Fisher Esterification, Reflux, Isolation and Purification of Esters

This is part of the HSC Chemistry course under the topic Reactions of Organic Acids and Bases.

HSC Chemistry Syllabus

  • investigate the production, in a school laboratory, of simple esters – Fisher esterification

– concentrated H2SOas a catalyst and dehydrating agent
– reflux, isolation and purification of esters

Production of Simple Esters, Reflux, Isolation and Purification

Fisher Esterification

Fisher esterification refers to the reaction between an alcohol and a carboxylic acid which produces an ester and water.

The reaction is considered a condensation reaction due to the production of a small molecule i.e. water alongside the main organic product. Condensation reactions can produce molecules other than water. 

Esterification is
  • slow
  • reversible 
  • exothermic because more energy is released in the formation of bonds in the ester and water molecule than the energy absorbed to break bonds.

The reversible nature of esterification means that water hydrolyse (react with) an ester to form a carboxylic acid and an alcohol.



Role of Concentrated H2SO4

Concentrated H2SO4 is an important reagent for Fisher esterification due to two reasons:
  • Concentrated sulfuric acid acts as a catalyst: increases reaction rate by lowering the activation energy. As a result the reaction rate is increased.
  • Concentrated sulfuric acid acts as a dehydrating agent: by removing water from the reaction, the equilibrium position is shifted to the product side. As a result, the equilibrium yield of ester is increased. 

    Therefore, concentrated sulfuric acid increases both reaction rate and yield.


    Reaction Conditions for Esterification

    Esterification is conducted under heat with reflux at 140 – 180ºC.

    Heat is required to meet the activation energy of the reaction and increase reaction rate. Heat should be supplied using a heating mantle (hotplate). Bunsen burner should not be used in esterification because alcohol is flammable.

    Reflux is the process of condensing gaseous products back into liquid state, allowing them to return to the reaction mixture. This is achieved by passing cool/cold water into the condenser and letting it absorb heat from the gaseous inside the reflux column. It's better practice to let the cold water enter the condenser from the bottom and exit from the top such that it flows against gravity and spends more time in the condenser. When the gaseous molecules lose heat, their temperature eventually falls below the boiling point. 

    Esterification is performed in a round bottom flask to promote uniform heating of the reaction mixture. 


    Boiling chips are commonly used to avoid superheating and achieve safe practice in school laboratories. Superheating is a phenomenon in which a liquid is heated to a temperature above its boiling point, without boiling. Superheated solutions can flash boil, causing a sudden increase in pressure and often results in flask breakage.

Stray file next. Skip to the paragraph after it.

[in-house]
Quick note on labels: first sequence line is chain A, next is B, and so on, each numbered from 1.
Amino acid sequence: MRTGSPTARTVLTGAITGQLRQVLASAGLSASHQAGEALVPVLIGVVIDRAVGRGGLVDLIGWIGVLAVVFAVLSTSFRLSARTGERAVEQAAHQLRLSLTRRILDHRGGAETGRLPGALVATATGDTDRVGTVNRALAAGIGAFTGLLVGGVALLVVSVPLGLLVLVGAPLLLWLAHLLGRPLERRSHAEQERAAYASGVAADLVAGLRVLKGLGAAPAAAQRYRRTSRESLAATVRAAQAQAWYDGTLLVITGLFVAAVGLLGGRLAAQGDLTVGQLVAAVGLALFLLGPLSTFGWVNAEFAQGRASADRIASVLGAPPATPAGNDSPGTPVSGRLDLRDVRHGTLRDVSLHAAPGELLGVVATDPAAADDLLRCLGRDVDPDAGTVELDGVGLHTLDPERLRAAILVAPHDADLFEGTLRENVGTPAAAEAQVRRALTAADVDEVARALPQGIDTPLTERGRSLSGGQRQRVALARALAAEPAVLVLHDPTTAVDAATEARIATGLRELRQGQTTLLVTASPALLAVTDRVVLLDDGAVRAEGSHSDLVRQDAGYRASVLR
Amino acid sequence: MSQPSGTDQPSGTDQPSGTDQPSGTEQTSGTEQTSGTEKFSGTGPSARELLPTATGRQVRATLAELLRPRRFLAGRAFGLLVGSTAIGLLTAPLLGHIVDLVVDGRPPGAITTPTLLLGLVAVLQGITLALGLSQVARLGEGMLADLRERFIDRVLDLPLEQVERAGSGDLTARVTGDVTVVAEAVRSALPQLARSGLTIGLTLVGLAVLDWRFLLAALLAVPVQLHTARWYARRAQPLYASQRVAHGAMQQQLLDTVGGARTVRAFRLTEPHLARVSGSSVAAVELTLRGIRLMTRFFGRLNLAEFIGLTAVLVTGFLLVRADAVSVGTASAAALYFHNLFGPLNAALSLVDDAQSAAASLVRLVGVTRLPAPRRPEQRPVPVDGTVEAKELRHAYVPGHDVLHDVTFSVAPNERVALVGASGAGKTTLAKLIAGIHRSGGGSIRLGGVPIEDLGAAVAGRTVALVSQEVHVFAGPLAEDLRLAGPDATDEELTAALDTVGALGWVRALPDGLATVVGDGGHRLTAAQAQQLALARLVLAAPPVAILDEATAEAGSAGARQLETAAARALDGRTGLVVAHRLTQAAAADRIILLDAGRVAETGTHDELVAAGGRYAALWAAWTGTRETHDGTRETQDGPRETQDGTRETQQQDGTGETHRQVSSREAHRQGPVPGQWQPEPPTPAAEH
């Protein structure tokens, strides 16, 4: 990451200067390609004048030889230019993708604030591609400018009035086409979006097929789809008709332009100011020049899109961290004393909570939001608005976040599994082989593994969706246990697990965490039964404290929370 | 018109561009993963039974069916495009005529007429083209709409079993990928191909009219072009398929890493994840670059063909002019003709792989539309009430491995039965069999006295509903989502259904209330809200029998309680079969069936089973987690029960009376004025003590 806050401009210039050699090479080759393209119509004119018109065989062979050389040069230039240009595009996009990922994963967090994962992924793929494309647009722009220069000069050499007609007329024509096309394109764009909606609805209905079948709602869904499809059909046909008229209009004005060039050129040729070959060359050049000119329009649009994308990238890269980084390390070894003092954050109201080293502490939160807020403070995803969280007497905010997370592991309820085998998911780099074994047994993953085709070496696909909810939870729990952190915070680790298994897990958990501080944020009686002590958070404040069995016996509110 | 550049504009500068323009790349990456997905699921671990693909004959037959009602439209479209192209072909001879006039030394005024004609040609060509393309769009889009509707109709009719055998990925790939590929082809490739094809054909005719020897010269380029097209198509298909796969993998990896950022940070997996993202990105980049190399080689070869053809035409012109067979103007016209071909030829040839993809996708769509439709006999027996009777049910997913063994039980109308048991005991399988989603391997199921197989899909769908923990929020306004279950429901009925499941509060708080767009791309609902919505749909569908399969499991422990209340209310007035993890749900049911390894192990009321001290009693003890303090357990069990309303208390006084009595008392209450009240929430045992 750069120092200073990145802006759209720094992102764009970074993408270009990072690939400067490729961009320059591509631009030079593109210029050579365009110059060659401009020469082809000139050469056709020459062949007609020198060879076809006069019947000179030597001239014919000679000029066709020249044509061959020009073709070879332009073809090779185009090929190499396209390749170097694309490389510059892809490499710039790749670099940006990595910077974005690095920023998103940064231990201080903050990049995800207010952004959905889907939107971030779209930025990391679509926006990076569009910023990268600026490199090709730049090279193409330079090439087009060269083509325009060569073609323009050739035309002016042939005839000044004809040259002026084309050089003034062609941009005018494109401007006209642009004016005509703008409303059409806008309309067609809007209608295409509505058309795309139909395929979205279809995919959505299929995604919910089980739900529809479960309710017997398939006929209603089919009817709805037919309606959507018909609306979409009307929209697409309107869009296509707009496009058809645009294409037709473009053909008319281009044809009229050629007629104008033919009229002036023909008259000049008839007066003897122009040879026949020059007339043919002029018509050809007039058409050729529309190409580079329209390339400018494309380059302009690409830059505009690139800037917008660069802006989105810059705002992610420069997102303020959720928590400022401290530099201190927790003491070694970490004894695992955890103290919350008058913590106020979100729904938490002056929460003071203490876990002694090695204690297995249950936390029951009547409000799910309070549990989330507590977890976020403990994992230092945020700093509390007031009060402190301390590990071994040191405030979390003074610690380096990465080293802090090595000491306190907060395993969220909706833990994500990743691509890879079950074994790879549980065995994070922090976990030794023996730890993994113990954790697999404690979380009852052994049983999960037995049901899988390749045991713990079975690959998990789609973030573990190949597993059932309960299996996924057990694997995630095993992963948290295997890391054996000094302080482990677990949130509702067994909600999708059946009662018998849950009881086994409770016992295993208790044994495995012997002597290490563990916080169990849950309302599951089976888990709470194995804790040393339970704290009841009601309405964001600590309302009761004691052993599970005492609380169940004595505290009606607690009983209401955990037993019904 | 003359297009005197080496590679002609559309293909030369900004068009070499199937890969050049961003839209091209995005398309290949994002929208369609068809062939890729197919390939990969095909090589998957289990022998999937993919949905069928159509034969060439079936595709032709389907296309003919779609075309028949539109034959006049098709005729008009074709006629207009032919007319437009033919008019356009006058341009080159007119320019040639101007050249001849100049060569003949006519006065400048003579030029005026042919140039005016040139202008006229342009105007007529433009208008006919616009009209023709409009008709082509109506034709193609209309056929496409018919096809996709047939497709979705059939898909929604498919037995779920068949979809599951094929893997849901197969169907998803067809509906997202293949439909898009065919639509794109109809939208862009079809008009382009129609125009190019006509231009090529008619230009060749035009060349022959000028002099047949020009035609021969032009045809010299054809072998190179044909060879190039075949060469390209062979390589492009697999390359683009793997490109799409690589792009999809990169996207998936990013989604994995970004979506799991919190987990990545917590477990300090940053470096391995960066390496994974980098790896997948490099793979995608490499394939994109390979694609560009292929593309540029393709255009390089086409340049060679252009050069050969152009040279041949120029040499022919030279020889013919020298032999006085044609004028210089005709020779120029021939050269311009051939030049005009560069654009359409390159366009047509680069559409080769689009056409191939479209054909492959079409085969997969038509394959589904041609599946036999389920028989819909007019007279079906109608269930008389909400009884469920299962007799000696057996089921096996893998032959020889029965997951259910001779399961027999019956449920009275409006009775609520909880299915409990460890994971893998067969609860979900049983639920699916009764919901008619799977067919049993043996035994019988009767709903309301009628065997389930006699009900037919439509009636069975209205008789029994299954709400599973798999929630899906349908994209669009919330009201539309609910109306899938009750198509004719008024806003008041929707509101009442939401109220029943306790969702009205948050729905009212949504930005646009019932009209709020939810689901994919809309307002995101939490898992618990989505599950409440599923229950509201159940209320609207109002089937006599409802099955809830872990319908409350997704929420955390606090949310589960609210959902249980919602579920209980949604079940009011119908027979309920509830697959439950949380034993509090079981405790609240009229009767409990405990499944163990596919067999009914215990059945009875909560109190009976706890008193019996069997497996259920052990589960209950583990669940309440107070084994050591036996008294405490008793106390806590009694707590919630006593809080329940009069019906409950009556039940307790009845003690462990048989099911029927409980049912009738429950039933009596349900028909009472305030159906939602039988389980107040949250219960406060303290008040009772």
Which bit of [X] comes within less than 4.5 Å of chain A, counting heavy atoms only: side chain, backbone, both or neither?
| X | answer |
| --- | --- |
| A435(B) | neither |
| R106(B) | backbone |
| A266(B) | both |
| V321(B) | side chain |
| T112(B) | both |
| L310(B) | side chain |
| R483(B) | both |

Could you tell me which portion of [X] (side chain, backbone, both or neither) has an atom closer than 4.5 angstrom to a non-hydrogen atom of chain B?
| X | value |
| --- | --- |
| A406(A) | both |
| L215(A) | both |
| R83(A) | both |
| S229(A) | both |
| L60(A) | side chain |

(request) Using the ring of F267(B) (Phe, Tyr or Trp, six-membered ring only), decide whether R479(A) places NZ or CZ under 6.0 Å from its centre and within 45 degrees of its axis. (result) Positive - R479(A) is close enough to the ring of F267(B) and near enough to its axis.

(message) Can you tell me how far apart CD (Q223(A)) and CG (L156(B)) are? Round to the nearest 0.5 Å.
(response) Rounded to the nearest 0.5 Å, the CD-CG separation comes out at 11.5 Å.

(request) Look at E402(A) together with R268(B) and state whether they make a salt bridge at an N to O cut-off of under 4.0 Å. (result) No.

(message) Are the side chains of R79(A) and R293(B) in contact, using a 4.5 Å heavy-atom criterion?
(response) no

Why is Reflux Important?

      Reflux is important for several reasons:

      • Allows heat to be used and therefore increases the reaction rate.
      • Prevents the loss of volatile substances e.g. ester, alcohol, carboxylic acid by returning them into liquid states (condensation). As a result, the yield of ester is increased.
      • Allows esterification to be carried out in an open chemical system by constantly releasing pressure from inside the reaction chamber. This prevents the round bottom flask from shattering from high pressure.

      Isolation of Ester

      The ester produced from Fisher esterification will be in an equilibrium mixture with unreacted alcohol and carboxylic acid. Sulfuric acid is also present as catalysts are not consumed in chemical reactions.


      Ester is isolated from the mixture by using a separating funnel.


      • NaHCO3 or Na2CO3 (weak bases) is added to the reaction mixture at the end of esterification to neutralise any remaining, unreacted carboxylic acid. This reaction produces soluble salts.


      • Separating funnel separates substances based on their solubility and density.


      • Unreacted alcohol and salts formed from neutralisation are soluble in water whereas esters are typically sparingly soluble at best but more commonly miscible with water.


      • When Na2CO3-treated mixture is added to the separating funnel, two distinct layers will form:
        • Organic layer which contains the ester is formed at the top
        • Clear aqueous layer which contains the alcohol and soluble salts is formed below the organic layer due to its higher density.


      • The aqueous layer can be discarded by opening the stopcock of the separating funnel, leaving behind the organic layer. This step is repeated several times until only the organic layer remains in the funnel.




      Figure: separating funnel with a non-aqueous organic layer and an aqueous inorganic layer.



      Purification of Ester

      After the ester-containing organic layer is separated from the aqueous layer, purification should be carried out. This is because unreacted alcohol and carboxylic acid can be found in the organic layer (particularly those with lower solubility in water). 


      • Distillation purifies esters by making use of its lower boiling point compared to other substances in the mixture.
      • Temperature of the mixture is raised just above the ester’s boiling to allow for its evaporation.
      • Gaseous ester is returned to liquid state as it goes through a condenser (similar to reflux). Liquid ester is then collected in a separate vessel as the distillate.
      • The distillate can be confirmed to be an ester by smelling its aroma from a safe distance.


      Figure: distillation set-up used to purify esters